What terrifies fundamentalists is that religious meaning evolves over time. Yet from an integral messianic perspective, that is exactly what it should be doing. There is no experience apart from interpretation, not merely because mystics must interpret their experiences according to the language and culture they know, but because those linguistic and cultural structures condition the nature of the experience itself. Perhaps "I" will "have" a "vision" of "angels," but all of the quoted terms are cultural constructions. The structural/historical conditioning of experience is unavoidable, so much so that it makes little sense to speak of "experience" or "God" or "mysticism" apart from the stages in which such experience is interpreted. Put simply, God looks different depending on where you stand.

From what Wilber (following the integral approach developed by the philosopher Jean Gebser) calls the magical stage, God looks like the provider who answers all of your (egocentric) needs. From the mythic stage, God -- as understood in your faith tradition exclusively -- is the sole source of salvation, and everyone who doesn't believe in Him is doomed. From the mental-rational stage, God is a moral principle and the Bible a useful, though flawed, teacher of ethical truths; other teachers may also be valuable. From the pluralistic stage, God is love, expressed in a thousand ways by a thousand religions, all deserving of respect. And from the various integral stages, God is variously Nothing, and all of the above. Experiences of all types are available to all kinds of people. But the same experience will be immediately contextualized and interpreted according not only to one's religious/spiritual/scientific tradition but also one's "stage" of religious development.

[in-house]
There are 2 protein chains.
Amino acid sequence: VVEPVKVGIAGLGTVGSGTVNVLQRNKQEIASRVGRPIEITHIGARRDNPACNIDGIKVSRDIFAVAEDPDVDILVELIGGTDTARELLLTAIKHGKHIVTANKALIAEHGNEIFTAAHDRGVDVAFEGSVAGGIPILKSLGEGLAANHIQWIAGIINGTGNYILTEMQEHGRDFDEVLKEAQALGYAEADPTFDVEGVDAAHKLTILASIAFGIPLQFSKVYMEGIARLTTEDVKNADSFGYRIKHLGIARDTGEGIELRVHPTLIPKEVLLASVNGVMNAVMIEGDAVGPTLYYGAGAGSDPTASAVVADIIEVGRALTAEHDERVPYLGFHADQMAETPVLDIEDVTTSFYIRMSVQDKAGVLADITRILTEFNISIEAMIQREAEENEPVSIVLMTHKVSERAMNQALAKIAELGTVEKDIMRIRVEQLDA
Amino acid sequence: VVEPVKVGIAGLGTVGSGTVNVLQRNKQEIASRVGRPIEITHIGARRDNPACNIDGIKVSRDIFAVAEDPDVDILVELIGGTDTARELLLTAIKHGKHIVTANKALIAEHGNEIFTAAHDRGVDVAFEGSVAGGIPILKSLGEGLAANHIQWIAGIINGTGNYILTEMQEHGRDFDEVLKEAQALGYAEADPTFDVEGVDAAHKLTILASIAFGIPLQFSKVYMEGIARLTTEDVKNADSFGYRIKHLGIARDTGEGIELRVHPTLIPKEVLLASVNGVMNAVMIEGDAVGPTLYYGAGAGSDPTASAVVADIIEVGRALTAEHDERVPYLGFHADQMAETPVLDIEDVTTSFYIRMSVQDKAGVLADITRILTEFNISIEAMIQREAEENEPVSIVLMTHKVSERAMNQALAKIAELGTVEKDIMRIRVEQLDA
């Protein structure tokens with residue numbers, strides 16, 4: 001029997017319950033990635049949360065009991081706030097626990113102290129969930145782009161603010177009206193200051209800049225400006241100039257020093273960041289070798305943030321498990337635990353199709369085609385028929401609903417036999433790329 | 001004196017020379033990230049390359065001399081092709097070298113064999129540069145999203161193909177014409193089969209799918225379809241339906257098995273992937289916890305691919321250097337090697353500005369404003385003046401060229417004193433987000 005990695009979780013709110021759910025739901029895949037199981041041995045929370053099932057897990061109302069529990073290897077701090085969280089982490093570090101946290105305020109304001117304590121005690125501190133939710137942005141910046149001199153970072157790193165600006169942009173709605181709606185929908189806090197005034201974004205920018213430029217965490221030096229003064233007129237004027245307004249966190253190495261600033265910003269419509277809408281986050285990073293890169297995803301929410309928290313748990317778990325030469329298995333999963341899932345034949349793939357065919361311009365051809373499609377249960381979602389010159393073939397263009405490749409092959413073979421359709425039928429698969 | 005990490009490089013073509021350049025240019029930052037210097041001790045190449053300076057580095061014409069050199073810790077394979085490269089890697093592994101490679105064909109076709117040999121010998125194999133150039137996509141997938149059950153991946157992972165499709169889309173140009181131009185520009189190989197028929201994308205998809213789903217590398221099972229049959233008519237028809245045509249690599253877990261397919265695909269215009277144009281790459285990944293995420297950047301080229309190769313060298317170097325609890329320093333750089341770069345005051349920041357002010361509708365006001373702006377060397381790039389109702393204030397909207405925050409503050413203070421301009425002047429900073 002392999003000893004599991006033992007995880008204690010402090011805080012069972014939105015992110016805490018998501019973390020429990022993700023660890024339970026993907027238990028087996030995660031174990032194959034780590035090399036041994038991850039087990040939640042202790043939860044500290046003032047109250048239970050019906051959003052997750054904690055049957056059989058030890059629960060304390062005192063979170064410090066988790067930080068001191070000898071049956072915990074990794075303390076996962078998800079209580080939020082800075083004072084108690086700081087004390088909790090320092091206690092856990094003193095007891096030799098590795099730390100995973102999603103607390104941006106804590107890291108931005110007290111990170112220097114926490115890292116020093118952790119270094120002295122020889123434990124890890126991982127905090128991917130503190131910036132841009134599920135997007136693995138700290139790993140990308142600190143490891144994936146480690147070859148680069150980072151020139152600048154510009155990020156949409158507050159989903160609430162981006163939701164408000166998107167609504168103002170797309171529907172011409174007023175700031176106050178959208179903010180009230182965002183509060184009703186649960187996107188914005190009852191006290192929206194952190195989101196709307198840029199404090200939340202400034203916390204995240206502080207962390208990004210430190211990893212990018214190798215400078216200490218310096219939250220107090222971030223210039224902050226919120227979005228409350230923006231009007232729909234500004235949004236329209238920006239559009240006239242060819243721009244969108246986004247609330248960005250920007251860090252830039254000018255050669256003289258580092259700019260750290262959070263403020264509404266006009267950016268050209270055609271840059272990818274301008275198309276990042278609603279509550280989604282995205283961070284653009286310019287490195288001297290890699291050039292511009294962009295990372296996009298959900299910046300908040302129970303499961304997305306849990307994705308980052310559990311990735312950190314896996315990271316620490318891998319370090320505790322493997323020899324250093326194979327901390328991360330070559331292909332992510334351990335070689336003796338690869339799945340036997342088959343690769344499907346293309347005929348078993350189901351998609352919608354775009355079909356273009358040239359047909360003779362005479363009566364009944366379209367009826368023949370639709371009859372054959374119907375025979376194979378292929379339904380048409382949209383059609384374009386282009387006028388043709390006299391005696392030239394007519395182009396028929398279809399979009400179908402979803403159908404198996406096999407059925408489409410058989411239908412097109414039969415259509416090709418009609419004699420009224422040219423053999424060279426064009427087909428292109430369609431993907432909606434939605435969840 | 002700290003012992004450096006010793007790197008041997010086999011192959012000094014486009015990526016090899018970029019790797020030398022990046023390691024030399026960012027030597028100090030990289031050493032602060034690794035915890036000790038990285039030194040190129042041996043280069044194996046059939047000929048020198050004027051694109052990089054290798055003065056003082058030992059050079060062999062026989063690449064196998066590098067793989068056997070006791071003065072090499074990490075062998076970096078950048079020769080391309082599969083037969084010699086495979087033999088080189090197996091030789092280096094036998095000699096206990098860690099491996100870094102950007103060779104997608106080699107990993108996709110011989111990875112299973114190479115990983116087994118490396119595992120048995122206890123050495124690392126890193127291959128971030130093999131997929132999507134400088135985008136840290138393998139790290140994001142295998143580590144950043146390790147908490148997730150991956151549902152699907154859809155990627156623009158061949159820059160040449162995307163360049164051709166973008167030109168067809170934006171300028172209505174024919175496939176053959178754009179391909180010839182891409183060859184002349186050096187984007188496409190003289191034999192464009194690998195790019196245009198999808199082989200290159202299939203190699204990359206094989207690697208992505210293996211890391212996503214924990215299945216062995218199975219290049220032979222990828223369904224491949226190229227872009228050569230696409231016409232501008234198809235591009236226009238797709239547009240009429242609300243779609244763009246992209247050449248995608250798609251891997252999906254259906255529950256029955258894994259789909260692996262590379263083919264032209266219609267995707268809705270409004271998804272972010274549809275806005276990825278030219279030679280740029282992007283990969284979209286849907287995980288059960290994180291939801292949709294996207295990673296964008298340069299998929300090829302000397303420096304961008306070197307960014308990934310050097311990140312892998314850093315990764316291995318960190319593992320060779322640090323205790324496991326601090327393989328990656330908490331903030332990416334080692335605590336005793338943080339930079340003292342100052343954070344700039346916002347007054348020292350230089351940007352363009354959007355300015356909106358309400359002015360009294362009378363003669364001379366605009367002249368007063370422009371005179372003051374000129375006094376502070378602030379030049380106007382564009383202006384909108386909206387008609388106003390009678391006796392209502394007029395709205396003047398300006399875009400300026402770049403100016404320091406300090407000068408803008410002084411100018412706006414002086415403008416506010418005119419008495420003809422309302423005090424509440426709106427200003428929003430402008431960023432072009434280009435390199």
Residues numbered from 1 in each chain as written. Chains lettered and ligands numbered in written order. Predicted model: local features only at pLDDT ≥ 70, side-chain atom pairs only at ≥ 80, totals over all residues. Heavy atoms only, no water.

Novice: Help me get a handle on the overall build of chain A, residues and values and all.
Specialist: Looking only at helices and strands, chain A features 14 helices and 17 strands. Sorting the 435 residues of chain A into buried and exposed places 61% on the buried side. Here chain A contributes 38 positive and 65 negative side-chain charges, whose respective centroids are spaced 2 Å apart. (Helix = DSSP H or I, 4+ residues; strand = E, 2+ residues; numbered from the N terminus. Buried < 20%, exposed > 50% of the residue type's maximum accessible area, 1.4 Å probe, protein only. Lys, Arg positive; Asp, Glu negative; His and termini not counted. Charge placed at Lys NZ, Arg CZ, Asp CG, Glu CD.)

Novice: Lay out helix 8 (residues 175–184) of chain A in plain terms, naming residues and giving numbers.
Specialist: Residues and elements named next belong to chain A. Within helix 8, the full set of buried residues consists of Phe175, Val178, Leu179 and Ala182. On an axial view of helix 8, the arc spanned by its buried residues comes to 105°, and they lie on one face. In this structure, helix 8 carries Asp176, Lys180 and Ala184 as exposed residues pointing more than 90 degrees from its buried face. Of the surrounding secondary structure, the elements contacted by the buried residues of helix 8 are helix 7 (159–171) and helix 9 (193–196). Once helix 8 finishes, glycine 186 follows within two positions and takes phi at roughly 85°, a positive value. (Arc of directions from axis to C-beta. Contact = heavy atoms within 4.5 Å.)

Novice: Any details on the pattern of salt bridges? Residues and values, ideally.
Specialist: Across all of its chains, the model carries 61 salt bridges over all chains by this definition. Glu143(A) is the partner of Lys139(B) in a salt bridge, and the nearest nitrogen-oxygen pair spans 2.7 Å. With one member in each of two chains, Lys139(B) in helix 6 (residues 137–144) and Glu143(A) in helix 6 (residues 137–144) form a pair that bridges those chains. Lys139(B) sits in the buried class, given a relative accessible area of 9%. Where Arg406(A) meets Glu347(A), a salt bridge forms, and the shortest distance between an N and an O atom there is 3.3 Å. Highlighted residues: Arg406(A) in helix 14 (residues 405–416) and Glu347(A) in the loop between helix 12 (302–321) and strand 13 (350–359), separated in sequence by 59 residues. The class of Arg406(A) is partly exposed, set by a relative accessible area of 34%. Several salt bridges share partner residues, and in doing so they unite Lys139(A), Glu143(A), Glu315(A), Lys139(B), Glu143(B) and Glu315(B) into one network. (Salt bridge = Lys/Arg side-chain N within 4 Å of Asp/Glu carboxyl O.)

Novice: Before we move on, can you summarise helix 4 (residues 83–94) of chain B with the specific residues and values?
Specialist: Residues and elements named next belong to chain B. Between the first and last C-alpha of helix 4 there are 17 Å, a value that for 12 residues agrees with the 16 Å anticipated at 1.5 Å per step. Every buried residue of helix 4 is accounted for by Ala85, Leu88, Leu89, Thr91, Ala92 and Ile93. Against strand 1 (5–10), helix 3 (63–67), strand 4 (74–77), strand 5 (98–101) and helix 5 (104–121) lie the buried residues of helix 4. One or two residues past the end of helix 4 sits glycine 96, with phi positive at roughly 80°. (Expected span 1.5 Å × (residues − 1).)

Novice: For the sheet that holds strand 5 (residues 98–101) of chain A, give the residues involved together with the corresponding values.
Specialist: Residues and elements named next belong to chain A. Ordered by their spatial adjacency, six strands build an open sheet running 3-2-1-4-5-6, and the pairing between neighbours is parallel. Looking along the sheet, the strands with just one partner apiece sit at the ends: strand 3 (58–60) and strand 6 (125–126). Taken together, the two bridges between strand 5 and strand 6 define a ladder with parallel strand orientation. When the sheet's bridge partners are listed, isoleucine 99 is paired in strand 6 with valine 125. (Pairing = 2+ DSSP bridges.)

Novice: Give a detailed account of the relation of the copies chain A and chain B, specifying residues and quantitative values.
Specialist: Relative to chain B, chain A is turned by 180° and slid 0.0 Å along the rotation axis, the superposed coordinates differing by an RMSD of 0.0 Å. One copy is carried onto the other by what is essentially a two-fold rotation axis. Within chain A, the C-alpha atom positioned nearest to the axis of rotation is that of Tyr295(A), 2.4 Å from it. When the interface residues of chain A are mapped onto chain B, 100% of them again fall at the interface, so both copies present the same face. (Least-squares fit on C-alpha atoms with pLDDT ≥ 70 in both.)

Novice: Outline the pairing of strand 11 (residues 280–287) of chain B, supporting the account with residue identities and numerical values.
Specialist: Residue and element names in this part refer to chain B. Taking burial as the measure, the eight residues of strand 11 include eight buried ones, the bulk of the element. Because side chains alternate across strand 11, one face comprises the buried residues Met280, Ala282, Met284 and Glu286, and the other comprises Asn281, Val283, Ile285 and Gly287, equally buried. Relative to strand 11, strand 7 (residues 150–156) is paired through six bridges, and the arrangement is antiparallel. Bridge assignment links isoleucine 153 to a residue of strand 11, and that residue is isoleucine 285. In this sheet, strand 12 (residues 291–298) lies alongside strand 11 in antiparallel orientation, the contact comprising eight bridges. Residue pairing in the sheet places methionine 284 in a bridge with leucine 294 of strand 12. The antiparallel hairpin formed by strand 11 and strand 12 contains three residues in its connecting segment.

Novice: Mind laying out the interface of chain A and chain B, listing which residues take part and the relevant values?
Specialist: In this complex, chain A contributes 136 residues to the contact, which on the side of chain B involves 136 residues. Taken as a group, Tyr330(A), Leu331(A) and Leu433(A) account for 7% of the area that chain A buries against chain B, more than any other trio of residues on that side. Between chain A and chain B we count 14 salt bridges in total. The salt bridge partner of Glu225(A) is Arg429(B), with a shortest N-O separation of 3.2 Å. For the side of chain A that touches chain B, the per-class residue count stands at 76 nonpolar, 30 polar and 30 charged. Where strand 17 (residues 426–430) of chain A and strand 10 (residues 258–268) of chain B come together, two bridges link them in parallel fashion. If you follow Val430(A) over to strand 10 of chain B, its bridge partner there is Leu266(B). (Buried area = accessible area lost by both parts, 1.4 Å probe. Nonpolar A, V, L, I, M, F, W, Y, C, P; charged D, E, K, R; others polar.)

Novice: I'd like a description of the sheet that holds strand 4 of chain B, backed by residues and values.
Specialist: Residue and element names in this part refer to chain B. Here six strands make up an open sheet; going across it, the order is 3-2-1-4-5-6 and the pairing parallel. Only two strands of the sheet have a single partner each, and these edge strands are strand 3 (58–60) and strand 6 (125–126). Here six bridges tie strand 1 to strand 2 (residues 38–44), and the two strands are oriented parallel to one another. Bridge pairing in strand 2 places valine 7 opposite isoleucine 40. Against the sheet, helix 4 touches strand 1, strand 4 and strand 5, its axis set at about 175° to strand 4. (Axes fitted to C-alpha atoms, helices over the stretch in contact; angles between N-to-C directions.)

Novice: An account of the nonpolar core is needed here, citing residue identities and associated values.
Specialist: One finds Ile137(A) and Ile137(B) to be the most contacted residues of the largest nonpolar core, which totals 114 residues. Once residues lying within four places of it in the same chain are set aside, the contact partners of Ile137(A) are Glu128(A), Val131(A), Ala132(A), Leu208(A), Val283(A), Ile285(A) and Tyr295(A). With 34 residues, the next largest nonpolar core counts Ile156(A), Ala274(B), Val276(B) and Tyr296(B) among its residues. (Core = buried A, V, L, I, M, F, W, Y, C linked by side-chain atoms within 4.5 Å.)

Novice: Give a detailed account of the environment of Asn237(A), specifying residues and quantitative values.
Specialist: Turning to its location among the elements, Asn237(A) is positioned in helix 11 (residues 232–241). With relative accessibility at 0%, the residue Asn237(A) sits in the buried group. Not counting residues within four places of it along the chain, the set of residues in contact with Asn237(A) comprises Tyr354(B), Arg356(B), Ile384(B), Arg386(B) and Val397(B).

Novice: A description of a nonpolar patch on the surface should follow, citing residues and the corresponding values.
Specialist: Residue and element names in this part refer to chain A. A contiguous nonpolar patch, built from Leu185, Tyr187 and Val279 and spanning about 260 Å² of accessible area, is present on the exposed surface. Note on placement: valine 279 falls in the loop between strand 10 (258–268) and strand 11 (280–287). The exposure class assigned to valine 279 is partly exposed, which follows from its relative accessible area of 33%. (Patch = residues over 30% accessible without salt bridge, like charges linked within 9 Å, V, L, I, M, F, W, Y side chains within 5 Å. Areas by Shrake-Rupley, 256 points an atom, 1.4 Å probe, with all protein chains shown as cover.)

Utopian ideal? Exactly -- and that is exactly the function of the messianic urge, here reconfigured away from nationalism, triumphalism, and supernaturalism, and toward the dawning of realization on earth. Will everyone be Christian or Gnostic or Jewish in the messianic age? Will a magical chariot descend from the sky? Of course not -- that misses the entire point. Rather, the nondual wellsprings of the Baal Shem Tov's (and many other) teachings will water a thousand plants in Eden, a biodiversity of spirit which, as in ecology, nourishes the whole by supporting difference. Consciousness will shift until such a point at which even the lion may lie down with the lamb.